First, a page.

A Categorical Model of General Empirical Computation: Towards a Theory of Such Computation, with Policy and Organizational Learning Implications
Journal of Policy Studies, No. 6, 1998
41 Pages Posted: 3 Apr 2013
Date Written: September 1, 1998
The paper presents a categorical model showing how three forms of computational system -- machine computers, (human) social computers, and biological computers--are interacting to generate new forms of computation. The result is the beginnings of a theory of empirical computational systems -- not a theory of abstract computational systems like well known theories by Turing, Church, and others. The most general and abstract model of computation that we have -- the Turing machine -- includes (subsumes) but omits mention of: one, the hierarchy of codes, the recursive nature of "operations" within codes at any one level, that are the heart of processing of information. The input, output, and memory of computation are less interesting when using computation to understand society and nature; than the "processing". This paper uses a hierarchy of codes model of processing to elucidate how machine, social, and biological computers interact to find or create 18 types of computational system. The categorical model presented here can be used to predict new forms of computation to be achieved by machine computers, new types of computation to be recognized in biologic and social systems, and to understand the dynamics of computational system evolution. In particular, application to policy dilemmas and organizational learning is introduced here.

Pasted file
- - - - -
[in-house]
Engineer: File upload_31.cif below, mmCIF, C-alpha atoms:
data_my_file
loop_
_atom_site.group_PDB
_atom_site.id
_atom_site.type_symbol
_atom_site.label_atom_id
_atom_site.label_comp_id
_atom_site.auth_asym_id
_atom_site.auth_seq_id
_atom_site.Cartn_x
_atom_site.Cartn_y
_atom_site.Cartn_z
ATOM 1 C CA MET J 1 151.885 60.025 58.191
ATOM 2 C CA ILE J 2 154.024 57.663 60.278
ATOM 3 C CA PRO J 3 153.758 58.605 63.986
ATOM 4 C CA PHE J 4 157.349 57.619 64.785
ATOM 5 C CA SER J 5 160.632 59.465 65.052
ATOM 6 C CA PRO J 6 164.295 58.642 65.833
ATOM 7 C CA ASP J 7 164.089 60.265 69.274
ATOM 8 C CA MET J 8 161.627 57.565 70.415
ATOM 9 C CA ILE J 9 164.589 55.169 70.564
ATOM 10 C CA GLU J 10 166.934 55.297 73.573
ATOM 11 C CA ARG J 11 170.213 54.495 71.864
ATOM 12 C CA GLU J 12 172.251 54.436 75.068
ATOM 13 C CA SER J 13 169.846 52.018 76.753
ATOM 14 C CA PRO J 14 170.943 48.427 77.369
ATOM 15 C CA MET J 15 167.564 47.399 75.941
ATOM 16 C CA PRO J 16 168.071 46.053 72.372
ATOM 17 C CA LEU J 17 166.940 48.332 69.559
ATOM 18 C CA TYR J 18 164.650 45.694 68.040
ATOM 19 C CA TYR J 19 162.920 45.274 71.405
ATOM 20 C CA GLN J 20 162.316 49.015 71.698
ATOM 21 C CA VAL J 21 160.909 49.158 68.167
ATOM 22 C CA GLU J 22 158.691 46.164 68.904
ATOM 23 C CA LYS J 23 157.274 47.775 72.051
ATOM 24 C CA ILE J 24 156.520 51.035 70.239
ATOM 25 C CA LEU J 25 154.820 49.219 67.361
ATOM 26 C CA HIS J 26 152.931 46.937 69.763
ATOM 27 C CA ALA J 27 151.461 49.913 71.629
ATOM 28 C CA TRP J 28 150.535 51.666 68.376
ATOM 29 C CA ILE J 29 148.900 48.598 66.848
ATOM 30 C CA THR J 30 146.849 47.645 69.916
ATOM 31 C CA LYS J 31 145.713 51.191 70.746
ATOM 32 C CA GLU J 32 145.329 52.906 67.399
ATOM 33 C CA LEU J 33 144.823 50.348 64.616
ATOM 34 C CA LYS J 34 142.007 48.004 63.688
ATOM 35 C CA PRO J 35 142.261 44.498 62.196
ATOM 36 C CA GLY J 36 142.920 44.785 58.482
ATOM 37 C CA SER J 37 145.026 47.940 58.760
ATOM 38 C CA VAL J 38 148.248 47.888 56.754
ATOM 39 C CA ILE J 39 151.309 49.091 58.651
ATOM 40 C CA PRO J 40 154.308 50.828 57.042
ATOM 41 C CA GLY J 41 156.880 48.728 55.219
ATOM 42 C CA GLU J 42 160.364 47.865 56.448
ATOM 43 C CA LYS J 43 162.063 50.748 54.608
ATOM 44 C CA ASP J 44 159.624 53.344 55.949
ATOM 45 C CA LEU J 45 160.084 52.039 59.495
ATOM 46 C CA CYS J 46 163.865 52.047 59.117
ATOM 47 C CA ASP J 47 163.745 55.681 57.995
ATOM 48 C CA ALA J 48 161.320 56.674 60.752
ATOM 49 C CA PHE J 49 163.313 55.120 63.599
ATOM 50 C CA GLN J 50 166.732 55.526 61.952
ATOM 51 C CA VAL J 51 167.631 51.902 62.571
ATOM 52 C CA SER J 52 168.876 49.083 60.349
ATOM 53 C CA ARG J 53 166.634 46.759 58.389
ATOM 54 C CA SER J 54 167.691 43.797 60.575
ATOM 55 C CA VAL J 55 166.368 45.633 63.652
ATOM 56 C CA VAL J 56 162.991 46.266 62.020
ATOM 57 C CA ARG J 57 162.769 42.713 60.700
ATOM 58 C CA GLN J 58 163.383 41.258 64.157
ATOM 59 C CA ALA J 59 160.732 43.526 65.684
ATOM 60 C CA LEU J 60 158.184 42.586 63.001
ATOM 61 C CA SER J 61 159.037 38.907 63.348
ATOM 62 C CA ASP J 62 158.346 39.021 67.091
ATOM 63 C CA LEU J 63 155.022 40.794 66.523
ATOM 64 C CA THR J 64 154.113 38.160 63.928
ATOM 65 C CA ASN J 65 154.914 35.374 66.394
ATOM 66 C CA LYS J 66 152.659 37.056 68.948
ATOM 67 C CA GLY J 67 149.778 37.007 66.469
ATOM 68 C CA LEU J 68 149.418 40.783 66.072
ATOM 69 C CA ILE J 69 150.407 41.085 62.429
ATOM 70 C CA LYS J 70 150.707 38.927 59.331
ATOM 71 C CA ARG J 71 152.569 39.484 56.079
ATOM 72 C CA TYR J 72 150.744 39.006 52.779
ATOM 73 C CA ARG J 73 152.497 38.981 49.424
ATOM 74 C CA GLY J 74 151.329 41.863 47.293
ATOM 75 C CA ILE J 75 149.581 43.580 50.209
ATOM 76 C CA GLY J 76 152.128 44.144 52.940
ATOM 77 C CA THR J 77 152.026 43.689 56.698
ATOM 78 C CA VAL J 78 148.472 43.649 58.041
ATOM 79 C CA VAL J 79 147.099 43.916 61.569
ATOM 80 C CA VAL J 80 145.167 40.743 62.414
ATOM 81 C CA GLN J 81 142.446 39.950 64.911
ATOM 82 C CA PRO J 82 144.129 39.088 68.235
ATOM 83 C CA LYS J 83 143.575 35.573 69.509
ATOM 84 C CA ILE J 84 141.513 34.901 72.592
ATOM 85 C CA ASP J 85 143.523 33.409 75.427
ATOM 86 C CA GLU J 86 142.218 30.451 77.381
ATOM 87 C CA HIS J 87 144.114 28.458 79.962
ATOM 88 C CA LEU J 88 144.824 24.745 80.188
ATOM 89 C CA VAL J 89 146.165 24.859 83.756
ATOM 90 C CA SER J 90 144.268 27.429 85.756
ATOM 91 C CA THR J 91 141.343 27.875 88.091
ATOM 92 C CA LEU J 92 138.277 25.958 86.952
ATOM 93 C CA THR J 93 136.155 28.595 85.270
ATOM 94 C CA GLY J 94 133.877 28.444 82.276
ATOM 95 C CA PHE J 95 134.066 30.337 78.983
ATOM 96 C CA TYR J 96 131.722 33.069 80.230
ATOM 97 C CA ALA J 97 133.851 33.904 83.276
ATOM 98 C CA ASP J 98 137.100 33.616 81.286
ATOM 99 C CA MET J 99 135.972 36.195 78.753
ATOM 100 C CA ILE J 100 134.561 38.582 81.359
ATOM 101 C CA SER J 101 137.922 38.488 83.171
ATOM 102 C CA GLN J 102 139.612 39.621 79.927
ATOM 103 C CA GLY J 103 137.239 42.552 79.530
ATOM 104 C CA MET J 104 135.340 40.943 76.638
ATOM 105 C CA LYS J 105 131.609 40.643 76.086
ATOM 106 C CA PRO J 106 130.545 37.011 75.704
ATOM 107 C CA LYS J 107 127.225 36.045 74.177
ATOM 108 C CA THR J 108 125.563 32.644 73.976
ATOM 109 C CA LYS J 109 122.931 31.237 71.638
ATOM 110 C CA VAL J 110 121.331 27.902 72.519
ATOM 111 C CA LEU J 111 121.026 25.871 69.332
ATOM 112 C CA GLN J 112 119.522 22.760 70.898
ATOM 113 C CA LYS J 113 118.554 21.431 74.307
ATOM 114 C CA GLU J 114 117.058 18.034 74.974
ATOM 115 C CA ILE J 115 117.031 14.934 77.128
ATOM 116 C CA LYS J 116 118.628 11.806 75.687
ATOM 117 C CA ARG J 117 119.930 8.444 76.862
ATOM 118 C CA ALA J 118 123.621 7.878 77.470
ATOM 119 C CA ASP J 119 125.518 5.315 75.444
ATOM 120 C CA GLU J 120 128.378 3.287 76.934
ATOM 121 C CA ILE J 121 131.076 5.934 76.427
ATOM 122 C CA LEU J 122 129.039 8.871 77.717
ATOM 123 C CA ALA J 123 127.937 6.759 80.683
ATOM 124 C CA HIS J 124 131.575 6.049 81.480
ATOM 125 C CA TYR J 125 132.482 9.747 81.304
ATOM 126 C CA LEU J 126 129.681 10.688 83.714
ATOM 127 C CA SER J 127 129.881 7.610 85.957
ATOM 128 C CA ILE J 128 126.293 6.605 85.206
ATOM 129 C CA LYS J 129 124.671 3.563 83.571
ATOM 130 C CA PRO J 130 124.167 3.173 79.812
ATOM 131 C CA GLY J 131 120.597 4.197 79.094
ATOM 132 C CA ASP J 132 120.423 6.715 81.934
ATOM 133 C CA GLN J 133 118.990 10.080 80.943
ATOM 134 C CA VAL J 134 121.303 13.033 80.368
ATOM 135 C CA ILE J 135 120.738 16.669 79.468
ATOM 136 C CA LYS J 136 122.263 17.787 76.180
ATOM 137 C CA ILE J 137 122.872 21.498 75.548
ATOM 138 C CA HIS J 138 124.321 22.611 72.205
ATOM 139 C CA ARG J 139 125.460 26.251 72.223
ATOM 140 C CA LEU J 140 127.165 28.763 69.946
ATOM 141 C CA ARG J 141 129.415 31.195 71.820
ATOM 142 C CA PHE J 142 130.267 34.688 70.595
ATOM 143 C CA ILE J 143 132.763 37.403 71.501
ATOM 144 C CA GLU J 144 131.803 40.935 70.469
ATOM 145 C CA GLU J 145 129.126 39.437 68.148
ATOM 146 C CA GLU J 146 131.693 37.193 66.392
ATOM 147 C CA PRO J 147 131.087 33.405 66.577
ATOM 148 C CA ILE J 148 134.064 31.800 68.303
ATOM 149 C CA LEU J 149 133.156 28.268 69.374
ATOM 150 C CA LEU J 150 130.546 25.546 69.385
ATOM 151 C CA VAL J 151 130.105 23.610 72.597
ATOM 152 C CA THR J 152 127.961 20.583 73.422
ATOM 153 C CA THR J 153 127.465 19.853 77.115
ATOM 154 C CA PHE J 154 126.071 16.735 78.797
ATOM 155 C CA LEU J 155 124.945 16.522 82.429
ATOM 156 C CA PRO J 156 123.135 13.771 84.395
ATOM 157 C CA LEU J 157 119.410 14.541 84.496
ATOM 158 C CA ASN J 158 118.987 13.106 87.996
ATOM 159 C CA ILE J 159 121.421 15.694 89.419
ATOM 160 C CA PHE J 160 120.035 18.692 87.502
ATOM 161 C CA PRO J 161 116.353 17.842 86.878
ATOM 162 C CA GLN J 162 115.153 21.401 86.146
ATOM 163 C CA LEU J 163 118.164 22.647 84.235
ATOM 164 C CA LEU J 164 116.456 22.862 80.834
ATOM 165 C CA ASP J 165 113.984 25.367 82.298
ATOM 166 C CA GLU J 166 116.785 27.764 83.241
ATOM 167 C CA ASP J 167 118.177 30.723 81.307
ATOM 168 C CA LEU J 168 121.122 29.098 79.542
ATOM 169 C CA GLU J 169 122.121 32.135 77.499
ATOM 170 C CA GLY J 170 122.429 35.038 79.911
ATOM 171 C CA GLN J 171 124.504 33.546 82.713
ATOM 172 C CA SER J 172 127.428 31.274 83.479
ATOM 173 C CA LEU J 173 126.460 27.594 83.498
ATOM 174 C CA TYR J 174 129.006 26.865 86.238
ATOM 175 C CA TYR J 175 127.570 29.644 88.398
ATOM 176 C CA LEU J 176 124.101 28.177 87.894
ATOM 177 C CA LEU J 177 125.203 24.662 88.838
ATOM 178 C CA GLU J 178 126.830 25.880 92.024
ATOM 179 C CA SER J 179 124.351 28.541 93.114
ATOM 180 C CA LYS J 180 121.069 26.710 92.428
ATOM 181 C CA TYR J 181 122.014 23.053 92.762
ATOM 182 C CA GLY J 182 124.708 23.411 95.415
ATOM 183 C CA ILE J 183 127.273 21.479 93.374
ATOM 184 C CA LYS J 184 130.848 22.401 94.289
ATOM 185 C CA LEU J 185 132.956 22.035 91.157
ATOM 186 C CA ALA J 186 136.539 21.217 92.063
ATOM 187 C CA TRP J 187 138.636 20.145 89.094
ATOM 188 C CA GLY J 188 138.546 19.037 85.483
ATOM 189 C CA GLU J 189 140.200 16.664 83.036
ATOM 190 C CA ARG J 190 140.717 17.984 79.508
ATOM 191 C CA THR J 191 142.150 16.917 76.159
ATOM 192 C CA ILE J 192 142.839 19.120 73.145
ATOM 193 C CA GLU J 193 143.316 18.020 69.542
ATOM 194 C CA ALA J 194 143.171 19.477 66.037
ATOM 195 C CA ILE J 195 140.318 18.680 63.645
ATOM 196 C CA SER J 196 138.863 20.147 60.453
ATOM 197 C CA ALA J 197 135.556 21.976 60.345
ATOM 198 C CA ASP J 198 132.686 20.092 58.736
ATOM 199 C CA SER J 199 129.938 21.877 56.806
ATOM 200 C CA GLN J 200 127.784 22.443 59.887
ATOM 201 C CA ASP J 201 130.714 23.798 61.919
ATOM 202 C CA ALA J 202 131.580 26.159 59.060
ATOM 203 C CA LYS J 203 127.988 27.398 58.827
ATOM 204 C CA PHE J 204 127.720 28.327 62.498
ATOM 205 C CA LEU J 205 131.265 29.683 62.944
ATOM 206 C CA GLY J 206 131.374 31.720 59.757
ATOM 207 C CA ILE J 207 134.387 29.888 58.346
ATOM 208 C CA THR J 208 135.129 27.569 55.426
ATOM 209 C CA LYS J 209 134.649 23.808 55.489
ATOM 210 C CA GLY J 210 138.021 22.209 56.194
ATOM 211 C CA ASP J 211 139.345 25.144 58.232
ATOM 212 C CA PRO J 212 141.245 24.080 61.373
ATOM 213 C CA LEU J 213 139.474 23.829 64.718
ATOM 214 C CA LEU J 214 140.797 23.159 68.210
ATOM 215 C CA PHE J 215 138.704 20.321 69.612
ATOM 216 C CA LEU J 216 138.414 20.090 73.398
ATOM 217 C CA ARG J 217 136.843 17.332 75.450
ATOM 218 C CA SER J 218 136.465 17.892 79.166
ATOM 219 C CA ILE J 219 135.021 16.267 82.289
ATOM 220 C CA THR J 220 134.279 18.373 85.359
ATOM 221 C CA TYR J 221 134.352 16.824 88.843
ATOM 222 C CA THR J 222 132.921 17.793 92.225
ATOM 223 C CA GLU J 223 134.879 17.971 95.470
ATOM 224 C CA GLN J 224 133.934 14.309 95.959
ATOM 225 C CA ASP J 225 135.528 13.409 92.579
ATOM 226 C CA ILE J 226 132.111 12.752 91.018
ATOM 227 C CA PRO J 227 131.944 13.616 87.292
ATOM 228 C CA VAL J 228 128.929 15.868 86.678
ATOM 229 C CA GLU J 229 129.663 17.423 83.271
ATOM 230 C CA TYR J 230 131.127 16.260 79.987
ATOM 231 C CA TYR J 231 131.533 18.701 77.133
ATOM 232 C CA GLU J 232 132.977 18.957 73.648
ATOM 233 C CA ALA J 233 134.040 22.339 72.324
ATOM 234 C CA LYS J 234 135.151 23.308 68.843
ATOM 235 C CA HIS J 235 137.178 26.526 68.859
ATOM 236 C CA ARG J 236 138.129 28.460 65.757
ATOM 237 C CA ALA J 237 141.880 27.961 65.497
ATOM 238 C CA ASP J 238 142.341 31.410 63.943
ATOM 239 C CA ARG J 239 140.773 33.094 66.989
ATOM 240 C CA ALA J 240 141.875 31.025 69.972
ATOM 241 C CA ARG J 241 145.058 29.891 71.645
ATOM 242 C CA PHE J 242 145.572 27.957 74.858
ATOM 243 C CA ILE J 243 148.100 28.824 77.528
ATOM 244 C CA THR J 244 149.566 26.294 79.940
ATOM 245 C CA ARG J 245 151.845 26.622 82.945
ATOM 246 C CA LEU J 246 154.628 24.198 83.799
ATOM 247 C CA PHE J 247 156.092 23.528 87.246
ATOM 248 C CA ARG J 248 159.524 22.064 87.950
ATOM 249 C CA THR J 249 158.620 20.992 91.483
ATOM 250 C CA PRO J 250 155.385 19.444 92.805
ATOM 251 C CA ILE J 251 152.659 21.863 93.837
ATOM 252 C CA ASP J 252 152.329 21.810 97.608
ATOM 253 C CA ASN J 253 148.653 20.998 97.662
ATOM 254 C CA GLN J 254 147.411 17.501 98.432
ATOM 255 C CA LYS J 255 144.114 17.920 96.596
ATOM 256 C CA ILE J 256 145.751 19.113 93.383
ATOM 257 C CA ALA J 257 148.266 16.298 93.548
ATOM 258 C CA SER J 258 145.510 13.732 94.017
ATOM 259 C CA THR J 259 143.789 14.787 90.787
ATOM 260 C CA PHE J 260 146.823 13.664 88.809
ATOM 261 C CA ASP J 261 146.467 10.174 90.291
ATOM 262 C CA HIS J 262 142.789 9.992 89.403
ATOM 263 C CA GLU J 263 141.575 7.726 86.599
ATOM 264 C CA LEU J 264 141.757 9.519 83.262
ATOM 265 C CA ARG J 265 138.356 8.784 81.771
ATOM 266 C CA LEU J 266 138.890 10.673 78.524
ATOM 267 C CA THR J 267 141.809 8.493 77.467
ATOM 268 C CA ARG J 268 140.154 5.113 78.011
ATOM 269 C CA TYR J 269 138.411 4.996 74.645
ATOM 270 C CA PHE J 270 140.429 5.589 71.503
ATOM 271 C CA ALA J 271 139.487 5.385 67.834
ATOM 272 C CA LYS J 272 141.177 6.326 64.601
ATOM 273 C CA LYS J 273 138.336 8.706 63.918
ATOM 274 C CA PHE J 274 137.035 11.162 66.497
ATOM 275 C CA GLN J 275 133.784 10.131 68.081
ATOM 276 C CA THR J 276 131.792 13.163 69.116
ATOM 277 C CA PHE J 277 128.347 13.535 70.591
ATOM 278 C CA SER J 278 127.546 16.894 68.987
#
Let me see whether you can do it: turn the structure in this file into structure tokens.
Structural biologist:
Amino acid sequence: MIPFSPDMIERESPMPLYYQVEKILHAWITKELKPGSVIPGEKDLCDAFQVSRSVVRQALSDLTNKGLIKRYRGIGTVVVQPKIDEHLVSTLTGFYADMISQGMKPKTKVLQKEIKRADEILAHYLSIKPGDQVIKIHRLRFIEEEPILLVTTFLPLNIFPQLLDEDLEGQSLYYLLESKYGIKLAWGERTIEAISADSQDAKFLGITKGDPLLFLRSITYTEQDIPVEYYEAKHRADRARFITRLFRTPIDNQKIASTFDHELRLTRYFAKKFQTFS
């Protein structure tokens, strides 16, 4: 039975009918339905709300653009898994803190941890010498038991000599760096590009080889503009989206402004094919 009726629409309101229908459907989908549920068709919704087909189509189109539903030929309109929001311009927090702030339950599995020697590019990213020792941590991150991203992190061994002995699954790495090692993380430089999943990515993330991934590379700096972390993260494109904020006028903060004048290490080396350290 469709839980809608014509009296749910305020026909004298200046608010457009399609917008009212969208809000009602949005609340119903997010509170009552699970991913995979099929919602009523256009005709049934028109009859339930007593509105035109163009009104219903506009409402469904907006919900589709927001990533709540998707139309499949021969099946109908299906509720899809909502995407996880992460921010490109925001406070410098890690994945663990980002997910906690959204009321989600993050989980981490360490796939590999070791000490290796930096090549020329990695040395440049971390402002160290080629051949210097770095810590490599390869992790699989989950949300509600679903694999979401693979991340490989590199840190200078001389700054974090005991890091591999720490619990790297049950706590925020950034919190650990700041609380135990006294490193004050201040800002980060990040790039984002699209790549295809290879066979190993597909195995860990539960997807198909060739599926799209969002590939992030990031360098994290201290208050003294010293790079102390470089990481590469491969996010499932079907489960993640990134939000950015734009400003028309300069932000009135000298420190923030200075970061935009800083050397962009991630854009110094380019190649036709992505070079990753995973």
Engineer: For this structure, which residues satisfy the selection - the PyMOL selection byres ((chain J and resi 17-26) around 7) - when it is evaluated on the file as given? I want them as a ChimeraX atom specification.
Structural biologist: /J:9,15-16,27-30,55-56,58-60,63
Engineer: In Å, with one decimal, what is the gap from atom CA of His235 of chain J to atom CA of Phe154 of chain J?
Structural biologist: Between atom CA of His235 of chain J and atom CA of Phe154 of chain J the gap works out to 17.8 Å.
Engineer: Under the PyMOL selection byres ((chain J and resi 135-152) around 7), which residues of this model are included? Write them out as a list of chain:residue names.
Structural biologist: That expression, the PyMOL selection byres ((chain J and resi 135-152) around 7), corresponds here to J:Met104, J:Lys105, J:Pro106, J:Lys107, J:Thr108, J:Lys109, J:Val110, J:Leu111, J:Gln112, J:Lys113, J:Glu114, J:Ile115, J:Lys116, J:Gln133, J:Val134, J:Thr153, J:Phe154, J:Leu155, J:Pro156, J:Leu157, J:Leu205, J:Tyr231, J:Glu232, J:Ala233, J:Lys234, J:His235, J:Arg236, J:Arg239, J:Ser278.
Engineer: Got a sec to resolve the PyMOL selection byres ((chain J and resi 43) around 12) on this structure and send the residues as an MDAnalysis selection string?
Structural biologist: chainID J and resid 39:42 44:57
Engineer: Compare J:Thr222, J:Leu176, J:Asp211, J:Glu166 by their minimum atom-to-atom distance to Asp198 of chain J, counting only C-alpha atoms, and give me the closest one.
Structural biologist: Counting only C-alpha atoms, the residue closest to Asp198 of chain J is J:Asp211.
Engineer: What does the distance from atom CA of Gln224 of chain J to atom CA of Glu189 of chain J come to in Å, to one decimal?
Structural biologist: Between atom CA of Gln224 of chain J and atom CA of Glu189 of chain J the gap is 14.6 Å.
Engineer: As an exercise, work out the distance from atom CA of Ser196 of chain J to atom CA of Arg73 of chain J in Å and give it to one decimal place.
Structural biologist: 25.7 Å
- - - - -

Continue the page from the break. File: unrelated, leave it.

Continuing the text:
Keywords: empirical computation, categorical models, social computers, computational sociality, biologic computers, nature computers, machine computers, hierarchy of codes, recursive code operations
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